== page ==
Electronic Dimensional Gauging


Written by:
Harold Schaevitz, Macro Sensors

Pumps and Systems, May 2009

Explore hermetically sealed gauging probes for hostile environments like saw mills and wood processing plants.

Electronic gauging probes are commonly used in the dimensional gauging of manufactured parts. Gauging probes are typically cylinders with diameters of 8-mm or 9.5-mm (5/16-in or 3/8-in) and lengths ranging from ~65-mm to 100-mm (2.5-in to 4-in). They incorporate a non-contact inductive position sensor, either an LVDT or half-bridge, which uses a spring-loaded movable armature coupled to a shaft that is supported in a high-precision linear bearing (see Figure 1). Most gauging probes have a maximum gauging range of ±0.25-mm to ±2.5-mm (±0.010-in to ±0.100-in), with resolutions of fractions of a micron.

Figure 1. A cross-sectional view of a typical 8-mm or 9.5-mm diameter gauging probe. The cable is usually connected directly to the LVDT windings.

Probes are connected by integral cable to separate support electronics that power the probes, as well as amplify and demodulate their output. Output is then displayed on a suitable readout and/or inputted into a computer-based data acquisition system for statistical process control. This ability to transmit data to a remote computer has made the probes popular in quality assurance schemes.

The devices function well in the relatively benign environment of a quality assurance laboratory, or in a protected inspection jig or fixture located away from machines and manufacturing processes. In the hostile environment of the shop floor, however, these probes can encounter serious problems. For example, the zero-clearance linear ball bearing must be protected from even the slightest contamination or it will jam and fail. The small diameter and slenderness of the probe body make it susceptible to accidental damage. If its cable is pulled out or severed, the entire probe must usually be replaced.

Rugged and robust probes, such as hermetically sealed gauging probes, can solve many of the problems associated with dimensional gauging in hostile environments. Figure 2 shows an example of hermetically sealed probes featuring a ¾-in diameter hermetically sealed stainless steel probe with integral connector, a clearance-fit sleeve bearing and gauging ranges up to 2-in.

The sleeve bearing offers nearly the repeatability of a zero-clearance linear ball bearing, but is less susceptible to jamming. An outflow of air through the probe's bearing inhibits the ingress of grit, dirt, dust, oil, solvents or other contaminants, increasing reliability and probe life. Known as pressure-extend/spring-retract probes, these units can retract during loading/unloading operations in a gauging fixture or inspection jig, but extend immediately when pressurized by air.

Figure 2. Cross-sectional view of a hermetically sealed gauging probe shows the interior with space for a microelectronic signal-conditioning module.

Dimensional Measurements of Wood Products

Hermetically sealed gauging probes are ideal for use in dimensional and position measurement applications within sawmills and wood product processing plants. Two examples are fine positioning of saw blades and in- process thickness measurements of sheet products.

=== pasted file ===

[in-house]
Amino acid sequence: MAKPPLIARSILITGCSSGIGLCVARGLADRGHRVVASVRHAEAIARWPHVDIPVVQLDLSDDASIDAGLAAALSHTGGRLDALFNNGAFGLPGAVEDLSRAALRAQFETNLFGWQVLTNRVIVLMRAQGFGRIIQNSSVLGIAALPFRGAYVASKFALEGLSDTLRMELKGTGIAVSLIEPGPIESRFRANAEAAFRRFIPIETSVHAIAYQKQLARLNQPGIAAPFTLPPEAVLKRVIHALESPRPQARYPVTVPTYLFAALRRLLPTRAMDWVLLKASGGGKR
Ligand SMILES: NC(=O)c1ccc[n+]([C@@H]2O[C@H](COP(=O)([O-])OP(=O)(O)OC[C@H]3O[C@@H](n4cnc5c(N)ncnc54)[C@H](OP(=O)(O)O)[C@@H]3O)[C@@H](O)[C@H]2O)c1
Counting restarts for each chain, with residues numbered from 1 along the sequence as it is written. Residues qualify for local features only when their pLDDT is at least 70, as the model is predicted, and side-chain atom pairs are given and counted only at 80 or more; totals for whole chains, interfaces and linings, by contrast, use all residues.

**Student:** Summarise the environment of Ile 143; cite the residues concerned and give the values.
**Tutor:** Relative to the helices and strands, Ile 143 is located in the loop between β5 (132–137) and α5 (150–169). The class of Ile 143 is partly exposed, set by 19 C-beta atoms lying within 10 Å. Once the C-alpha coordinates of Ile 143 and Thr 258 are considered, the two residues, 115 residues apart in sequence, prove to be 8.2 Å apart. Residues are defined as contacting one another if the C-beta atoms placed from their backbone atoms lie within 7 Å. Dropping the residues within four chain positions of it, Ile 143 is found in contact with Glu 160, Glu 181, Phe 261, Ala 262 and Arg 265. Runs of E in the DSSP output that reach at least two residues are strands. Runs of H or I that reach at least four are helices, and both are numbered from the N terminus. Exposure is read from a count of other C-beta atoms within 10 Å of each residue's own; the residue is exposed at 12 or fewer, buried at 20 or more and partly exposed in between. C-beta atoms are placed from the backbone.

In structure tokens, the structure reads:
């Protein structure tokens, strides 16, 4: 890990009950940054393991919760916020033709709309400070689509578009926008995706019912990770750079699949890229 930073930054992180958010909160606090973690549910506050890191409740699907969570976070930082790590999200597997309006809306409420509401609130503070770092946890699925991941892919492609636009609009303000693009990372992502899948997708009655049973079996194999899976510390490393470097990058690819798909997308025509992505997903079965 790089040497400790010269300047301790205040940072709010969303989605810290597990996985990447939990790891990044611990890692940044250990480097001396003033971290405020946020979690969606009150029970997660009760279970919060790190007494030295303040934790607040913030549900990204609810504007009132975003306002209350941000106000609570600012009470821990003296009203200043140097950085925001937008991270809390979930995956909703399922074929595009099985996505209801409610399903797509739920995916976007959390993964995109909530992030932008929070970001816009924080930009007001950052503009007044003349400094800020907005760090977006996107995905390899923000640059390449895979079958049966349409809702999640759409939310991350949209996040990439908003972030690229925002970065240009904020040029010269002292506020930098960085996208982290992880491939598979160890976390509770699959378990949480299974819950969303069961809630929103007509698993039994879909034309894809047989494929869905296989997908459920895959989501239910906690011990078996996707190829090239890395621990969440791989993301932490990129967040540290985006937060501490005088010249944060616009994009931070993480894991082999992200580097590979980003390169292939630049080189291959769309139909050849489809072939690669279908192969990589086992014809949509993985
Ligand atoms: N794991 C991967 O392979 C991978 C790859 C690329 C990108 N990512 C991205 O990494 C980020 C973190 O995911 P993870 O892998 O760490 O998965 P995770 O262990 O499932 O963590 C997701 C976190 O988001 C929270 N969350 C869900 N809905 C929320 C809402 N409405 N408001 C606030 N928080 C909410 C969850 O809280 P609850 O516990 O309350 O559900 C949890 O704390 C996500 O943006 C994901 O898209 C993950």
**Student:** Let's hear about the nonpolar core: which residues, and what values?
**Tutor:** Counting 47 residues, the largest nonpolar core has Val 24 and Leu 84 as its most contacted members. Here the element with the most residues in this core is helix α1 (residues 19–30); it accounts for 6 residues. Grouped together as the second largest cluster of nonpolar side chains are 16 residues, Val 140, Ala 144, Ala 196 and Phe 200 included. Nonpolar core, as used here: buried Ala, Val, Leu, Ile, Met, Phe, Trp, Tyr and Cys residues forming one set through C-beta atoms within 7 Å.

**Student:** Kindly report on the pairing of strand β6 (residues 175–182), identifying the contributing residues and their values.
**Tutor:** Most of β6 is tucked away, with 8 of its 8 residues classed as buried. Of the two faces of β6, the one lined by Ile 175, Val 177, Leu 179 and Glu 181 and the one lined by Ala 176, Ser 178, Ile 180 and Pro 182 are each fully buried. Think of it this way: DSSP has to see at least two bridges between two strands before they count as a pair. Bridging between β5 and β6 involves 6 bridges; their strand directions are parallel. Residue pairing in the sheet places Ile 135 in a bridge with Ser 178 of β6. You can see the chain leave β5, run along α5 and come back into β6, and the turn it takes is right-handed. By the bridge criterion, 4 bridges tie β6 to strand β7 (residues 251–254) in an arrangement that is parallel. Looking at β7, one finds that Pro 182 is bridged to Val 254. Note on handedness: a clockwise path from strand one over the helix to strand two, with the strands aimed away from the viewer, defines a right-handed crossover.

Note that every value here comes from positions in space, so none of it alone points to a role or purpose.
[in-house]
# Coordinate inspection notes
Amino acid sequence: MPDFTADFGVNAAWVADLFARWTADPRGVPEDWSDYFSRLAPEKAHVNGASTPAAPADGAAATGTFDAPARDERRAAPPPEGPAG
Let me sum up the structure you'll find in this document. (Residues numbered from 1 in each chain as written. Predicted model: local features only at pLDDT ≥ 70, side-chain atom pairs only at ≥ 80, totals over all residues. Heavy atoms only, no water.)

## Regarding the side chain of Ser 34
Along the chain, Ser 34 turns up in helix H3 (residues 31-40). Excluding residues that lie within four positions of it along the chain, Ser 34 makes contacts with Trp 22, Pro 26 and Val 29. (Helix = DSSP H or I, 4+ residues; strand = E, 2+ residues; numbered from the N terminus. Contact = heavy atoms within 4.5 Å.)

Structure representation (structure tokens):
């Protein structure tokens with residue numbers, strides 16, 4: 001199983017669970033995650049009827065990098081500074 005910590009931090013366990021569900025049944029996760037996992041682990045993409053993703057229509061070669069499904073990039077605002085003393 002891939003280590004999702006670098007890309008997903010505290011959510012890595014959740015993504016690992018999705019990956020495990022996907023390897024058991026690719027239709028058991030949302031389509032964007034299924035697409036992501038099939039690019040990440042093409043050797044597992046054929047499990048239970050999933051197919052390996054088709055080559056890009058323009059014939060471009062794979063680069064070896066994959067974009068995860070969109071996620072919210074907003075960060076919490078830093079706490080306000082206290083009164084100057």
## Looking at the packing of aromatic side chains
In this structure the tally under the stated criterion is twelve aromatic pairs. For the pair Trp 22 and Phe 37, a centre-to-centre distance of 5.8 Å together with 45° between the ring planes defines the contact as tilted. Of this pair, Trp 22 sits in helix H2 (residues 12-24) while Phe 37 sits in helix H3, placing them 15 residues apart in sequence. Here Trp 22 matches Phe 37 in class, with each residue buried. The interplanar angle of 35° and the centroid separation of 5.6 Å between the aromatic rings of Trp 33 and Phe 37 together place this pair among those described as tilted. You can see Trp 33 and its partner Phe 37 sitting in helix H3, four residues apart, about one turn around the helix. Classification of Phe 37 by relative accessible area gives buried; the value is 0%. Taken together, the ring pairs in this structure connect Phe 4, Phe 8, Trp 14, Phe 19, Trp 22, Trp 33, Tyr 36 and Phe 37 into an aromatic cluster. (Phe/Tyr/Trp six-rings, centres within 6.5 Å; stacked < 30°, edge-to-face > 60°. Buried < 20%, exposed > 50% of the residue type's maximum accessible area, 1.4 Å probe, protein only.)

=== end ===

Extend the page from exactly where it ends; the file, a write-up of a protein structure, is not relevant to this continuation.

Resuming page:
In modern sawmills, computer-controlled systems determine the sawing pattern for a given log or timber segment to optimize lumber yield. In one installation, a servo system is used to coarsely position the saw blade carriage against a stop. Then the pressure-extend/spring-retract (PESR) gauging probe shaft is extended to touch the (nonrotating) blade (see Figure 3). The probe's position signal is fed back to another servo system for final blade positioning. When the blade position is set, the carriage is clamped tight and the air pressure to the probe is reduced enough to allow the probe shaft to retract.

In addition to exposure to flying sawdust and chunks of timber or wood, the saw carriage experiences high levels of vibration during a cut and severe shocks as heavy logs are dropped into the carriers. Ruggedness and air-purged bearings are key to probe survival.

Figure 3. A typical heavy-duty automated sawmill uses two independent positioning servos. The gauging probe senses final blade position.

For measuring the thickness of sheet lumber products, gauging probes are placed in pairs, one above and one below some point on the sheet, to control lamination presses and planer cutter or roller position (see Figure 4). The thickness at that point on the sheet is the difference between the dimensions as indicated by each probe of the pair. Typically, many probe pairs are used to sample the sheet thickness over some statistically valid area. A computer-based data acquisition system evaluates the output from all the probes to provide the thickness data that controls the process.

Although the environment in such processes is less harsh than that of the sawmill, glues and resins are present. Hermetically sealed, air-extend, spring-retract gauging probes minimize downtime and probe failure by keeping the probe shafts out of the way during loading and unloading of the sheets. The air purge stream helps prevent contaminants from plugging up the probe bearing.

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